I was going to write something pithy and snarky about AWP, which occurs this week in Minneapolis, but it turns out I don’t have the gumption. (AWP is the annual convention for the Association of Writers and Writing Programs, which is essentially the professional organization of people who teach creative writing at the college level.) Truth is, I wish I was there and preemptively miss the friends I only get to see there. So instead of desperate acts of personal website sarcasm, here are my small nuggets of AWP-related advice for those attending for the first time or for those people, like me, who need annual renewal advice.
1. Wear comfortable shoes. And be honest with your feet. An editor friend told me this years ago and I didn’t take her seriously. (Always take your editors seriously!) You will be on your feet and you will be walking a great deal, and if you’re like me and spend most of your regular days sitting on your buster, you’re going to need the comfiest pair you’ve got. Just do it.
2. Pack light. Wait, no, scratch that. Don’t pack anything. Or pack as little as humanly possible, because you’re going to attract books and book-like objects and you will need the extra room in your one piece of luggage. (Also, you should only bring one piece of luggage. This isn’t ’Nam.) And those seven tote bags that you magically accumulate are going to get very heavy with literary lint. I wish I could say that all of the stuff I typically hoover into my possession at AWP is half as charming when I get back home, but still that’s part of the fun. It’s a bit like playing PacMan. Regarding how this refusal to pack clothing will affect your conference fashionability, look, this is AWP. People look terrible at AWP. True, people also look terrible at MLA, but at least they’re trying hard to look normal. (So, so hard.) At AWP, people are trying hard to look arty while not appearing to care about how they look, which leads to a strained slobcore militancy. So, fight all of this by just wearing the same outfit each day. You’re gonna love how you look.
3. Remember that the primary purpose of a professional conference of any kind (even an academic one with a high contingent of graduate students like AWP) is social, not educational. And no, I don’t mean it’s an occasion to “network.” I mean, it’s an occasion to be social. As in, the fun’s at the bar.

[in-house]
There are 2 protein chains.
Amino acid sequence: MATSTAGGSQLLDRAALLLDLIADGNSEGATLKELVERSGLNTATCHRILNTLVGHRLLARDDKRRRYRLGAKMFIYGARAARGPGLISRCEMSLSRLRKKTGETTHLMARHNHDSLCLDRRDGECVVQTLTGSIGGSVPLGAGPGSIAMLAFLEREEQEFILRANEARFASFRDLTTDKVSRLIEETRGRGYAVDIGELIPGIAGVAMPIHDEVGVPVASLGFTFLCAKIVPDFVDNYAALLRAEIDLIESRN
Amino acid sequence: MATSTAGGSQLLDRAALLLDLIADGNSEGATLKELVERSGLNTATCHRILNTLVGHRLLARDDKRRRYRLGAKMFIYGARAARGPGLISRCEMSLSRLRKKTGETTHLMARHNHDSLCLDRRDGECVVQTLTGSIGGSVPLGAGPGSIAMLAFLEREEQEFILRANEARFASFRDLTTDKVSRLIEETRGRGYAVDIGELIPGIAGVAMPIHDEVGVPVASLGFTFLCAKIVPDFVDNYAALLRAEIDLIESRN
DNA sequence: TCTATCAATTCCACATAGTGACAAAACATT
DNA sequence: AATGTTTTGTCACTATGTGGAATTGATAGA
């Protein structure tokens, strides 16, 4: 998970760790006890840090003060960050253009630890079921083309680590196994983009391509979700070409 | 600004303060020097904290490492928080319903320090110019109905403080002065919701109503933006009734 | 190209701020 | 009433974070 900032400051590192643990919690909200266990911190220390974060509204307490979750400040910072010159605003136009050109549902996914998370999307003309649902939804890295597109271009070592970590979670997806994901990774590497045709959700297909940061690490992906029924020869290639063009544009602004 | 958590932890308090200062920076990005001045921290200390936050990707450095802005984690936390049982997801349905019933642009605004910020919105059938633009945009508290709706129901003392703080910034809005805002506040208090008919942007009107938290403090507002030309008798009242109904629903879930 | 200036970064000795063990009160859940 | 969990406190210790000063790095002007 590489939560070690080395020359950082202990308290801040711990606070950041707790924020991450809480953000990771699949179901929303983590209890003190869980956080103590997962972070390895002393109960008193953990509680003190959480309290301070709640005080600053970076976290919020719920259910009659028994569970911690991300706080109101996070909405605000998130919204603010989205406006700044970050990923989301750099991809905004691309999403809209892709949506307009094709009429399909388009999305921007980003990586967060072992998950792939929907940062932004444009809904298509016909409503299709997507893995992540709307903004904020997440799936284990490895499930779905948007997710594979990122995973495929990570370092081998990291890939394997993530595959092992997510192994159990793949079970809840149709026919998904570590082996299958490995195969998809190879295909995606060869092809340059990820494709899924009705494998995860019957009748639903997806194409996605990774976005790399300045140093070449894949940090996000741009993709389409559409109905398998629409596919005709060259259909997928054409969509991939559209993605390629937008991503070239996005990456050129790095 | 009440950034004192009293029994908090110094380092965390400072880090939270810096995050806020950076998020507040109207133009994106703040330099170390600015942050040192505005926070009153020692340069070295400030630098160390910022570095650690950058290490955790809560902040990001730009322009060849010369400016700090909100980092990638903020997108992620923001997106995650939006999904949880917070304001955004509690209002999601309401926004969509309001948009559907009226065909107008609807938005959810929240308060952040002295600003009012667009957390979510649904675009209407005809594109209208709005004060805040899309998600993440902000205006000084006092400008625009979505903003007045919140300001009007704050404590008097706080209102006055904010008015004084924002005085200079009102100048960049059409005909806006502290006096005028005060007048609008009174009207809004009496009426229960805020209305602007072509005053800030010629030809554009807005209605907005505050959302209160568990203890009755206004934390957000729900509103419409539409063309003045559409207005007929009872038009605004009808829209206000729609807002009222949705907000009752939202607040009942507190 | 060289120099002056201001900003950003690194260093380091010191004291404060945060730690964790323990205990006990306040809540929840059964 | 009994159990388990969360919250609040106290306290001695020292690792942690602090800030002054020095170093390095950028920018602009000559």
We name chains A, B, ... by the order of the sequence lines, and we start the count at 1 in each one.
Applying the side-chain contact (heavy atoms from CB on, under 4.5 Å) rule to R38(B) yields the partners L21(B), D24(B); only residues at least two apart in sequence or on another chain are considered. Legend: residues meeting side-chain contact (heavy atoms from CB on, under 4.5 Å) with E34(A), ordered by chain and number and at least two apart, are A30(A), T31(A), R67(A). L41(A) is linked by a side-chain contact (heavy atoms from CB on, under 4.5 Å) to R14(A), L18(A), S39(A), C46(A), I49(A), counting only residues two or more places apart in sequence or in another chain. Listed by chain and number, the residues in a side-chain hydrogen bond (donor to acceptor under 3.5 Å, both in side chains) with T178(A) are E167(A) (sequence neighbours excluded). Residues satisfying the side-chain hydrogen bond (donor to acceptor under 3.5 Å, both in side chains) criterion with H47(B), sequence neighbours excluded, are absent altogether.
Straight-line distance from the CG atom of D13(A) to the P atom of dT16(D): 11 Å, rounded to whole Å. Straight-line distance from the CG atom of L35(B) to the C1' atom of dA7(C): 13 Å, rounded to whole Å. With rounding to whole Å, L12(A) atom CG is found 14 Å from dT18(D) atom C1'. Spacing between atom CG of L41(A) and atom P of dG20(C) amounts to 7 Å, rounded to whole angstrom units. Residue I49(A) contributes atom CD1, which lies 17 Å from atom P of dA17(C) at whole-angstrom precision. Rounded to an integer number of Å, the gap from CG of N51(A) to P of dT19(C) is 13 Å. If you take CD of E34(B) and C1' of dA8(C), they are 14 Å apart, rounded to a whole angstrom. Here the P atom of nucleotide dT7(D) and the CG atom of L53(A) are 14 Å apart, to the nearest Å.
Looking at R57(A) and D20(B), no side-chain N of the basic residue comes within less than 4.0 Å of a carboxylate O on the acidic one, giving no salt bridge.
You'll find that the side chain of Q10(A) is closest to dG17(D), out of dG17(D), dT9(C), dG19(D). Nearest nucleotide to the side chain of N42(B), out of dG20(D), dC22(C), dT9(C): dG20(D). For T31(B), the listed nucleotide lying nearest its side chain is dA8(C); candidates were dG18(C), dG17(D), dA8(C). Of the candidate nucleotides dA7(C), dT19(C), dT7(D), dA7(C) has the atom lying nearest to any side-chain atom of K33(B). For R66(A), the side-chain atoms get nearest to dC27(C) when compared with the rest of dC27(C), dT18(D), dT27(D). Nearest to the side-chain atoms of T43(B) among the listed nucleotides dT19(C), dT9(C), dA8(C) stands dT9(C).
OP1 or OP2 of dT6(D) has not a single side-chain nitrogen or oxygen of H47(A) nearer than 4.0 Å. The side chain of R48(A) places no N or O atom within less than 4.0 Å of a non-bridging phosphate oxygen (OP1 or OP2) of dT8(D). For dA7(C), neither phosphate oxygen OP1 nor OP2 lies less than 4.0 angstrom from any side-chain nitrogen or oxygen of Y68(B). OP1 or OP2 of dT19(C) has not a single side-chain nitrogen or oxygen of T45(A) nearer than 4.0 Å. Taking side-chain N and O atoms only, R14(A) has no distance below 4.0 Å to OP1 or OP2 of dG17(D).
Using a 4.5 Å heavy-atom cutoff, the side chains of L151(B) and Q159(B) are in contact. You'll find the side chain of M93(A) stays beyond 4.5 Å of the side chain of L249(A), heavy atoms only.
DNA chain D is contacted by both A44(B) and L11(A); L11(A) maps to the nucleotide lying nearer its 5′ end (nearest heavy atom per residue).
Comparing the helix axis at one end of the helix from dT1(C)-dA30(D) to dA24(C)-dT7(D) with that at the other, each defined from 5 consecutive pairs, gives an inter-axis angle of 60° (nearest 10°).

Should you go to the panels? Well, only if you must, or only if you want to say hey to a friend, but remember that the panel presentations are never more exciting than their brief descriptions in the massive printed schedule. The actual panel is cramped seating, the constant fear of not being able to find an available bathroom, people who aren’t naturally good public speakers failing to speak into the mic, followed by people who’ve lost the ability to ask questions without long, creepy, aggressive, prefatory statements. Just skip it! Go to the book fair, and then go the bar, and then go wherever people go off-site. I never went to many off-site things because I was always too tired and scared. (See point 1 above re: shoes.)
This lesson is applicable to all professional conferences, which are complex civilized excuses to meet friends for drinks. You probably already knew that but it took me years.
4. Can you crash those special retreat/lit mag reunion-like get-togethers that happen after hours? They aren’t going to arrest you for trying.
5. Also, remember that they call them “conventions” for a reason. That is, it’s the annual occasion when a multifarious endeavor establishes, or reaffirms, or performs its conventions. Which is to say, it’s a bit like going to a drag show. Which is also to say, Go, have fun, see your buddies, but don’t take it too seriously. The actual writing is going to happen (or not happen) when you’re at home alone, sitting on your buster.
6. And for God’s sake if you aren’t there, don’t keep one eyed glued to Twitter to see how things are going. Don’t pine for the party you’re missing out on. Yes, you are missing out. Get over it. Life happens like this! Does it mean you’re a loser and no one understands you and you don’t have any true friends? Well, maybe. But yanking refresh on Twitter and feeling sorry for yourself isn’t going to make that any better. Instead, just take a long lunch and buy a taco and maybe read an actual book. Next week everyone’ll be back at work anyway.